Harry had accepted death, and had been confused and scared when it hadn't come. Ron could have strangled the bastard if he'd been able to get out of bed and find him. But the doctor had told him, in a scathingly cheerful voice, that Ron's insides had practically been burned out by the backlash of an extremely lethal curse, so he mustn't leave his bed. And, he'd added with gusto, that Harry was still in a coma trying to recover from his own, much worse injuries, and was in no condition to be scolded.

Ron had seethed in anger and confusion until his family had shown up later that day; then his frustration had melted into a combination of relief and embarrassment. They were alive, but Mum was talking to him as if he was twelve years old, and Ginny keep snipping at him for nearly getting himself killed.

In short, the Weasleys were as usual: exasperating.

Later, Hermione, Draco and Dumbledore had come to visit, and that was much more important (and pleasant). Hermione had kissed his forehead and said softly, "thank God." Dumbledore had smiled in his usual way, although even then it had seemed a bit strained. And Draco had grudgingly admitted that he was glad Ron was still alive. Very grudgingly, but he'd said it just the same.

They had settled down and talked for what had seemed only minutes but was likely quite a few hours, during which the nurse kept clucking her tongue at Ron's group of visitors. He'd ignored her.

"But Harry. Is he okay? My family barely told me anything. Is he all right?" Ron had insisted, struggling to sit up even as Hermione tried to push him back down.

"He's fine, now would you lay down? You're not fully recovered yet, you know," Hermione had said, giving him a look that made Ron wonder fleetingly whether he'd done his homework. Somethings never did change, and Hermione's glare was one of them.

"I'm fine, now get off. What happened? Professor?"

"Ron, if you don't lay down--"

"Harry," Dumbledore had injected, prying Hermione's firm grip from Ron's shaking shoulders, "Is still in a coma, but expected to awaken within the next few days to a week. I'm afraid Harry had taken it upon himself to put an end to Voldemort's reign once and for all and--"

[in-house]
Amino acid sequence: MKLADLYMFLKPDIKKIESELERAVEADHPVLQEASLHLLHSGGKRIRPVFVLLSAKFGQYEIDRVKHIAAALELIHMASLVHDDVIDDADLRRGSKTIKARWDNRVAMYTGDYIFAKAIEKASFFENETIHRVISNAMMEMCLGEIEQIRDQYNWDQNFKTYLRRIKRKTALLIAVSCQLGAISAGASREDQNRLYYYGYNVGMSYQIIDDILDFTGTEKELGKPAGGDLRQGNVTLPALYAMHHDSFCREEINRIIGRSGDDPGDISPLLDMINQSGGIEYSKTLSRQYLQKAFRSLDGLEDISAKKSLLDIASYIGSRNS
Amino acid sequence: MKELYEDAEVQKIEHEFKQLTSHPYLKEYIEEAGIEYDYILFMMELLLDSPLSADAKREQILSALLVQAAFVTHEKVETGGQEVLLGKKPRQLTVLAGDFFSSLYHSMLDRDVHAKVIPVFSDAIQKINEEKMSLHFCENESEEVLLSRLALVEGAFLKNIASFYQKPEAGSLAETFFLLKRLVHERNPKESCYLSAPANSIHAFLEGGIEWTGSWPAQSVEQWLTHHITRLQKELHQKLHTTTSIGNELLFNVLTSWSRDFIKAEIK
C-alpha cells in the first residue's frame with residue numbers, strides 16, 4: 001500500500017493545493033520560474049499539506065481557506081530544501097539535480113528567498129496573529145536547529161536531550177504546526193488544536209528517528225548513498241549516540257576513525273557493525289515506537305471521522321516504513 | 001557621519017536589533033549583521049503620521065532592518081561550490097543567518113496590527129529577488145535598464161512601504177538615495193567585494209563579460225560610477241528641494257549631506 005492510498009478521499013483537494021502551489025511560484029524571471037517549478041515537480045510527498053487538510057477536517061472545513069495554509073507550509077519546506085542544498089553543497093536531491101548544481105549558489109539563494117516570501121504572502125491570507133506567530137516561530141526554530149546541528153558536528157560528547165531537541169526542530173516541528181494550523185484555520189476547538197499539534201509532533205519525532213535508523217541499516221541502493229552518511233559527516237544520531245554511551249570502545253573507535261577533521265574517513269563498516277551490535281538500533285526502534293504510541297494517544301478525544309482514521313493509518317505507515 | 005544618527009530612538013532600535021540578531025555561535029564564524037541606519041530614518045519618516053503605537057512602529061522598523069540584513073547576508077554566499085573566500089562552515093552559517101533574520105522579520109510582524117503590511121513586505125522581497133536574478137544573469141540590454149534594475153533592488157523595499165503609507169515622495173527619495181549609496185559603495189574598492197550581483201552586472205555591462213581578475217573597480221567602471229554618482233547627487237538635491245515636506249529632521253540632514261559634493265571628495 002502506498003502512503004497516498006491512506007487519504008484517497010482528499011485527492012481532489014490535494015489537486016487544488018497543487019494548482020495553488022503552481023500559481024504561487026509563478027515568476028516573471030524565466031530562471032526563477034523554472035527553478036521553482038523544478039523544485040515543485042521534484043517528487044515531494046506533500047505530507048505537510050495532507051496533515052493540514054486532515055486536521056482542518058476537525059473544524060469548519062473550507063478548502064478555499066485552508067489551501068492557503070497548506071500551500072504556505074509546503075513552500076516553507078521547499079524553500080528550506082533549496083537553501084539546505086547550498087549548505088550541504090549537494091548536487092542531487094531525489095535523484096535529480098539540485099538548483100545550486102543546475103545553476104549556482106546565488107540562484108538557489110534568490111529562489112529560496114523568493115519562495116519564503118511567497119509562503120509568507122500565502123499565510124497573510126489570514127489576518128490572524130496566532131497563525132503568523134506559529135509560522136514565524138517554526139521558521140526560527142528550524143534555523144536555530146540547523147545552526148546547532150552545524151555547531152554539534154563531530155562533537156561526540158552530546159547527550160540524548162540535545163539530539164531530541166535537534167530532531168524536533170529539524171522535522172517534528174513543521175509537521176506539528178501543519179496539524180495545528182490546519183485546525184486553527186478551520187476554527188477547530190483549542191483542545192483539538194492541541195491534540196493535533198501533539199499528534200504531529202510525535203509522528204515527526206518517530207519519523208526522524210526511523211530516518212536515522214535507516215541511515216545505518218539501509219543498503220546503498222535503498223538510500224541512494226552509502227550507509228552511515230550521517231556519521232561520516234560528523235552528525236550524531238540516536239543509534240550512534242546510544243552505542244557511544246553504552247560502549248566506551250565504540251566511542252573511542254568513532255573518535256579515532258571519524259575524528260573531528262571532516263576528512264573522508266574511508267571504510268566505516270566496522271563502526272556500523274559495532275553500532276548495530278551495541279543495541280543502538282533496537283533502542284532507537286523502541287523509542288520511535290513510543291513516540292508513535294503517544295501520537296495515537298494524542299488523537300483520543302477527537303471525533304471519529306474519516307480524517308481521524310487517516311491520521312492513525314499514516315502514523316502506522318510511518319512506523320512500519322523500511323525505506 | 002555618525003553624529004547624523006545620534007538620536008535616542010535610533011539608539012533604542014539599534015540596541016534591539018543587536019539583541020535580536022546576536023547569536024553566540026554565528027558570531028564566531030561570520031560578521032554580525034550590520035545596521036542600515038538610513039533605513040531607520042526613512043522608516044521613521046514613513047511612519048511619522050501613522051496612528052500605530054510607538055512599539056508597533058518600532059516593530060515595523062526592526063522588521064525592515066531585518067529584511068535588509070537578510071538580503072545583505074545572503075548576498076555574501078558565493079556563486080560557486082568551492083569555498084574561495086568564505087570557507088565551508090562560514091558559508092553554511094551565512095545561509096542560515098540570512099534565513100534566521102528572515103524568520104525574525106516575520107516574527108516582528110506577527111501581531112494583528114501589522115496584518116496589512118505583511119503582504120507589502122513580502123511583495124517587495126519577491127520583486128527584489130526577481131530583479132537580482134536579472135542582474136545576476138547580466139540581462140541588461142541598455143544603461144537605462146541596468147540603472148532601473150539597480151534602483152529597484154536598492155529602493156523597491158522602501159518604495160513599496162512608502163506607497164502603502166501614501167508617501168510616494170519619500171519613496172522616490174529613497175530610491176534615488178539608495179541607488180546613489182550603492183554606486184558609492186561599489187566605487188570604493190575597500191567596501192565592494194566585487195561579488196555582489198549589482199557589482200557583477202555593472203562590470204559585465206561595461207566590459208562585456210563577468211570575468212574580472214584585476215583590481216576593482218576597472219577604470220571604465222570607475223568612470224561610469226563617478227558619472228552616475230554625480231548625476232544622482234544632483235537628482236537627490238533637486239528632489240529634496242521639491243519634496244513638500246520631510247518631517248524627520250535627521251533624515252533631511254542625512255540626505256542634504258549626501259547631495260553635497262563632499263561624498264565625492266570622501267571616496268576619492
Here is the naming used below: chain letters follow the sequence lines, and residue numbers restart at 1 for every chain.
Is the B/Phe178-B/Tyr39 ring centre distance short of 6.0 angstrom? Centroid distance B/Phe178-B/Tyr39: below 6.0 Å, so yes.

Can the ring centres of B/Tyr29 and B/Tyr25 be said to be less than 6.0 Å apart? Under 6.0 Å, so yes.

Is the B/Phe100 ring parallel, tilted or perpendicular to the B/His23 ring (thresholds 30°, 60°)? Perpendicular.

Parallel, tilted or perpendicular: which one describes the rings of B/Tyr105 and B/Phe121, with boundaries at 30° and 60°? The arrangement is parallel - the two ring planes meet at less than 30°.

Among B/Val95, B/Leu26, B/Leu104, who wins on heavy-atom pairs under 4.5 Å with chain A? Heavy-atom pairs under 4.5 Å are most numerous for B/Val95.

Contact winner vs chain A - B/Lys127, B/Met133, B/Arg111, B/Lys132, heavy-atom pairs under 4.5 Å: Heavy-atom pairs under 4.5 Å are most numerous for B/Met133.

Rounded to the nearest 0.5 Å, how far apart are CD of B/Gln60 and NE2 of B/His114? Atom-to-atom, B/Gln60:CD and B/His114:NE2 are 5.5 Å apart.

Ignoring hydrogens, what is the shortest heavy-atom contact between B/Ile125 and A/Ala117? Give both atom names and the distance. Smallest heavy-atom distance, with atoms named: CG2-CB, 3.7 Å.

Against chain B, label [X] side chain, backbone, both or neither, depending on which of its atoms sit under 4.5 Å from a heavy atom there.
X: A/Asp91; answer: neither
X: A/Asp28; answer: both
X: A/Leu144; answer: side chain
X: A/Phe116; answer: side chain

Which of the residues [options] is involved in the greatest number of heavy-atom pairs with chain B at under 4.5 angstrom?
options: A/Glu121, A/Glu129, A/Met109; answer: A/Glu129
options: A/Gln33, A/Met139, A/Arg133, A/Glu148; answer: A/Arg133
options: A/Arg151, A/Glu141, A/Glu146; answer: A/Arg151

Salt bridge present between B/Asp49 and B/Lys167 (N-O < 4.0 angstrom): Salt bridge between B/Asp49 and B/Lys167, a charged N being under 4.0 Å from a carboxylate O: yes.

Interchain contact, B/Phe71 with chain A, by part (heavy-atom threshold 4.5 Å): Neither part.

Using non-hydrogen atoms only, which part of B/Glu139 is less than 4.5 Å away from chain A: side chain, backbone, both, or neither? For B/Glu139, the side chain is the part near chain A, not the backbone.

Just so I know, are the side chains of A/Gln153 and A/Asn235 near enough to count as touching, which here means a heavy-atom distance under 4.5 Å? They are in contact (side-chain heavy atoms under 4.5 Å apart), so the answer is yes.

"Decided to blow himself up along with Voldemort, the raving git," Draco had drawled, although there was a hint of worry somewhere around the black rings under his eyes; very well hidden, naturally, but Ron hadn't missed it entirely.

He'd frowned, twisting the sheets into his fists. "He used a kamikazi spell?"

Hermione had glanced worriedly at Ron's tightened fists, but Draco had appeared downright amused. "Terribly heroic of him, wasn't it?"

"Shut up," Ron had snapped, his eyes searching Dumbledore's face, who, to his credit, was trying his best to keep a straight face.

"It would seem so." Long, spindly fingers had played with Dumbledore's equally long white beard. "Developed by himself, and untested for all that. But I gather he must have been fairly sure of his success, to risk it while so many of you were with him."

Hermione had pursed her lips, but kept her tone as nuetral as she could manage; she'd been angry with Harry too, but always took more effort to hide her rage than Ron ever bothered to. "And I'm to assume he had no idea the spell would echo."

"In normal circumstances, it would not have," Dumbledore had conceded with a tilt of his head, and Ron's stomach had lurched a little at those words. "I dare say that Harry did not expect to survive the spell long enough to feel any echo. Nor did he truly seem to understand his own power, concerning that particular spell."

And there, inherently, was another assumption, and one that Ron bitterly resented even now, five years after it had all taken place, and that people made constantly.

The completely idiotic assumption that Harry - or any of them - had ever understood anything about his power at all.